I don’t use the word Singularity because it means many different things to different people, and also because it has acquired unfortunate pseudo-religious overtones.

1. Can we create a human-level artificial intelligence, an artificial general intelligence (AGI)?

Let’s not kid ourselves: it is very, very hard.  Imagine giving every inhabitant of New York City 1,000 strings.  Each string is attached to another inhabitant, and carries up to 200 signals every second, travelling at 300 metres a second.  Now multiply that city by ten thousand.  That is a reasonable model of a single human brain – the amazing 3 1/2 pounds of gloop inside your skull.

And that’s just the hardware.  If consciousness was simply an emergent property of sufficiently complicated information processing then the internet should have woken up by now – as it does in Robert Sawyer’s Wake, Watch and Wonder trilogy.  In addition to the hardware we also need the software – the wiring diagram, and instructions for how to initiate the firing.

There are three ways to get at this.  The first is Reverse Engineering, in which an existing brain is analysed either destructively – by cutting it into very thin slices – or non-destructively, by increasingly advanced scanning technologies.  This is what the EU-funded Human Brain Project led by Henry Markram is doing, and they have just announced an important collaboration with the American version, President Obama’s BRAIN project.

The second approach is Incremental Development, where you assemble the best existing AI systems that do search, natural language processing, deep learning and so on, you feed them more and more data, and you use trial and error to improve them.  This is what Google is doing, it’s what IBM is doing with Watson, and it is happening in many other labs around the world.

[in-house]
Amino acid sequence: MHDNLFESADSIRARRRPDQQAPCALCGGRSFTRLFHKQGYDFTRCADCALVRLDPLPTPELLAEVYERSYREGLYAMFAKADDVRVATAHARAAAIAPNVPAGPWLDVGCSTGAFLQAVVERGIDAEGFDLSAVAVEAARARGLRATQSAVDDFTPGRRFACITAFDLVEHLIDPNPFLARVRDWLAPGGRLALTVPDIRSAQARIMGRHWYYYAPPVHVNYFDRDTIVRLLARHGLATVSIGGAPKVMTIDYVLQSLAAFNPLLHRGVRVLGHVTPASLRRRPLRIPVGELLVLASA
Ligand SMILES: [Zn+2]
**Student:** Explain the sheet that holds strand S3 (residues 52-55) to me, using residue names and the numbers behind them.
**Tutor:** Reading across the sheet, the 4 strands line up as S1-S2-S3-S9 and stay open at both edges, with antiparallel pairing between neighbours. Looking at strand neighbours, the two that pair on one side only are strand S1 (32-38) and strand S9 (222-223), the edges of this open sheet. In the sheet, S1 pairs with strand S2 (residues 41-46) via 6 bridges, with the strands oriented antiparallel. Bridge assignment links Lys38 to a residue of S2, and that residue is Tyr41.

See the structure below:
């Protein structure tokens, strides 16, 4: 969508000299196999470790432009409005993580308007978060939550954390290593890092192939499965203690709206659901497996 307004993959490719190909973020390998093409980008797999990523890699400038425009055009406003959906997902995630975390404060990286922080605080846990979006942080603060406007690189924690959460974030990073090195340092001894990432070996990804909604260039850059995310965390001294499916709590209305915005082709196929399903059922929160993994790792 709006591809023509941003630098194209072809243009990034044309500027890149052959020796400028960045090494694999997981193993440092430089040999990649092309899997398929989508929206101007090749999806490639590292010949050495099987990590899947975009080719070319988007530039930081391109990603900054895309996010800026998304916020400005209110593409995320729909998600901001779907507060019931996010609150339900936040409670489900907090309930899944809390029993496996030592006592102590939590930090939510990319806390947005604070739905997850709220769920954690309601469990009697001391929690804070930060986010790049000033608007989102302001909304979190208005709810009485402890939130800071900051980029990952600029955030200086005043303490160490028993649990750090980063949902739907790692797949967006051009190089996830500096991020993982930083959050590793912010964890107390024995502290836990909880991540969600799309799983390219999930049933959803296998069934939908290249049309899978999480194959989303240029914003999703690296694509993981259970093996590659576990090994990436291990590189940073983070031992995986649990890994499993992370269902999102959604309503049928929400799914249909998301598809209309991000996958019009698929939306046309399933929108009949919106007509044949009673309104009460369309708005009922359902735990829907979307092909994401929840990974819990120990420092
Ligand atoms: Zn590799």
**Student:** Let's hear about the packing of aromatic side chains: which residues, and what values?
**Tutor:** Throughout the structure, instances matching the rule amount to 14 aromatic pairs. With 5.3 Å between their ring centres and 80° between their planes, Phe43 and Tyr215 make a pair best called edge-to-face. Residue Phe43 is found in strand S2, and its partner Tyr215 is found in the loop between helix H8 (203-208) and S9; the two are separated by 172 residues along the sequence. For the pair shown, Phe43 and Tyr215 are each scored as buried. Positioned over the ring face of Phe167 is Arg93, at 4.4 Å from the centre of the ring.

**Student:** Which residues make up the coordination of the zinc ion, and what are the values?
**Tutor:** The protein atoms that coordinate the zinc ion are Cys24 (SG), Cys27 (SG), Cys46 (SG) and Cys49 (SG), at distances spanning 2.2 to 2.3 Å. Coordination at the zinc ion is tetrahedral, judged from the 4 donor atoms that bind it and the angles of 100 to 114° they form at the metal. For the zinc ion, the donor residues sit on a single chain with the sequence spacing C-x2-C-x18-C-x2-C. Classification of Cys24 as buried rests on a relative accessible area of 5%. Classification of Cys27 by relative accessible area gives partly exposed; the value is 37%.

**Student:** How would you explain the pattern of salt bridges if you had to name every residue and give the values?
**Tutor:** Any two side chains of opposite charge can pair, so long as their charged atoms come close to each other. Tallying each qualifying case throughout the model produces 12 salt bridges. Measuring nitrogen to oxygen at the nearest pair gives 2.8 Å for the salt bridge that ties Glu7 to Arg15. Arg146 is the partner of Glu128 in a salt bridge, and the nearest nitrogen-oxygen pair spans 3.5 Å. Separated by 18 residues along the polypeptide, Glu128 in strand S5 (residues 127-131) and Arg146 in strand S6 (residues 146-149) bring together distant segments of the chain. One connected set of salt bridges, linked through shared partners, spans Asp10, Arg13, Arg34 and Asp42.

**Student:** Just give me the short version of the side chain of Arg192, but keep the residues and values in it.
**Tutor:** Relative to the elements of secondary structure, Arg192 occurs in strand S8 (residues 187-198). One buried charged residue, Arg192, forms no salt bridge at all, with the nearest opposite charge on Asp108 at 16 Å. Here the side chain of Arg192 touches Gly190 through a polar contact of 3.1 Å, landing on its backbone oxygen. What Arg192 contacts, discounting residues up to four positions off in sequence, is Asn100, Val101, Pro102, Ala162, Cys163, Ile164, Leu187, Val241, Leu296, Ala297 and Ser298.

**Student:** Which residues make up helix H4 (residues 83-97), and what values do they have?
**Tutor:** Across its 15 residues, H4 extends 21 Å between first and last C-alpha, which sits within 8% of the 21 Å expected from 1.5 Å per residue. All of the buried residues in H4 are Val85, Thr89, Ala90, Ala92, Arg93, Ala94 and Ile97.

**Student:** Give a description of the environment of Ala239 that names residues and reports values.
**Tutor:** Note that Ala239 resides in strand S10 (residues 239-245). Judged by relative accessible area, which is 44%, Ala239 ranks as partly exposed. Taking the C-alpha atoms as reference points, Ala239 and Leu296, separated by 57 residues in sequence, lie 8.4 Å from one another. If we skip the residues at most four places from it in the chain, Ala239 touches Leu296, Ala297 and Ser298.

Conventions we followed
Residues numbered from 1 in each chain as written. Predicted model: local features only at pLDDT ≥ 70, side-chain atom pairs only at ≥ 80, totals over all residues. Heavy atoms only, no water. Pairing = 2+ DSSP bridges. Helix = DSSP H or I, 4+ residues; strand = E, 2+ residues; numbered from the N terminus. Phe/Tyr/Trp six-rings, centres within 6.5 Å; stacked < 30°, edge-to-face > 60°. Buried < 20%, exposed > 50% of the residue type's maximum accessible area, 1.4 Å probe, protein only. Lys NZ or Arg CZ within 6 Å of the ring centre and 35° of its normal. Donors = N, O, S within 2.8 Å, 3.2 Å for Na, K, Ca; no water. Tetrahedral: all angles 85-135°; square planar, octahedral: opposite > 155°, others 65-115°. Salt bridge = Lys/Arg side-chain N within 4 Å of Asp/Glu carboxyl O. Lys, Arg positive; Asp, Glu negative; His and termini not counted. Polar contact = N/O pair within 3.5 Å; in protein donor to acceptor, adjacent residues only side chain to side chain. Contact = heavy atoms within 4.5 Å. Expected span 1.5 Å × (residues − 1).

An important feature of both these approaches is that you do not need to know exactly how a human brain produces a mind in order to make your own artificial one.  Some people, including Marvin Minsky and Gary Marcus, claim that you can’t manufacture a mind unless you pretty much know how one works beforehand.  I think this is an unproven assertion.

The third approach does involve understanding how the brain works.  You develop a comprehensive theory of mind and then build your brain.  This looks even harder.

Will any of these approaches work?  I can’t tell you for certain, and I don’t believe anyone else can either.  To coin a phrase, the science of brain building is most definitely not settled.

Here are some of the reasons that people give for why it might fail.  Maybe brain builders have to capture time-series data, or model the brain in more granular detail than the neuronal level.  But these requirements would simply delay AGI rather than prevent it forever.  The third and fourth reasons seem implausible to me.

So I’ve yet to hear a good reason why we can’t build an AGI, and there certainly is a lot of money being spent trying.

2. If so, when?

The whole project, both hardware and software, is driven by Moore’s Law – the observation that the performance of computers doubles every 18 months.  I don’t think we should be too upset by the fact that Gordon Moore himself is sceptical about AGI being created any time soon.

The only thing we know about forecasts is that they are wrong; we just don’t know by how much, or in which direction.  History’s most famous exaggerated forecast was by Robert Malthus, and of course there have also been famous under-forecasts, such as Alexander Bell’s suggestion that there might one day be a telephone in every city, and Thomas Watson’s comment that the global market for computers might be as big as five.  As if to underline how unreliable this whole forecasting business is, neither of these men actually said what has been attributed to them.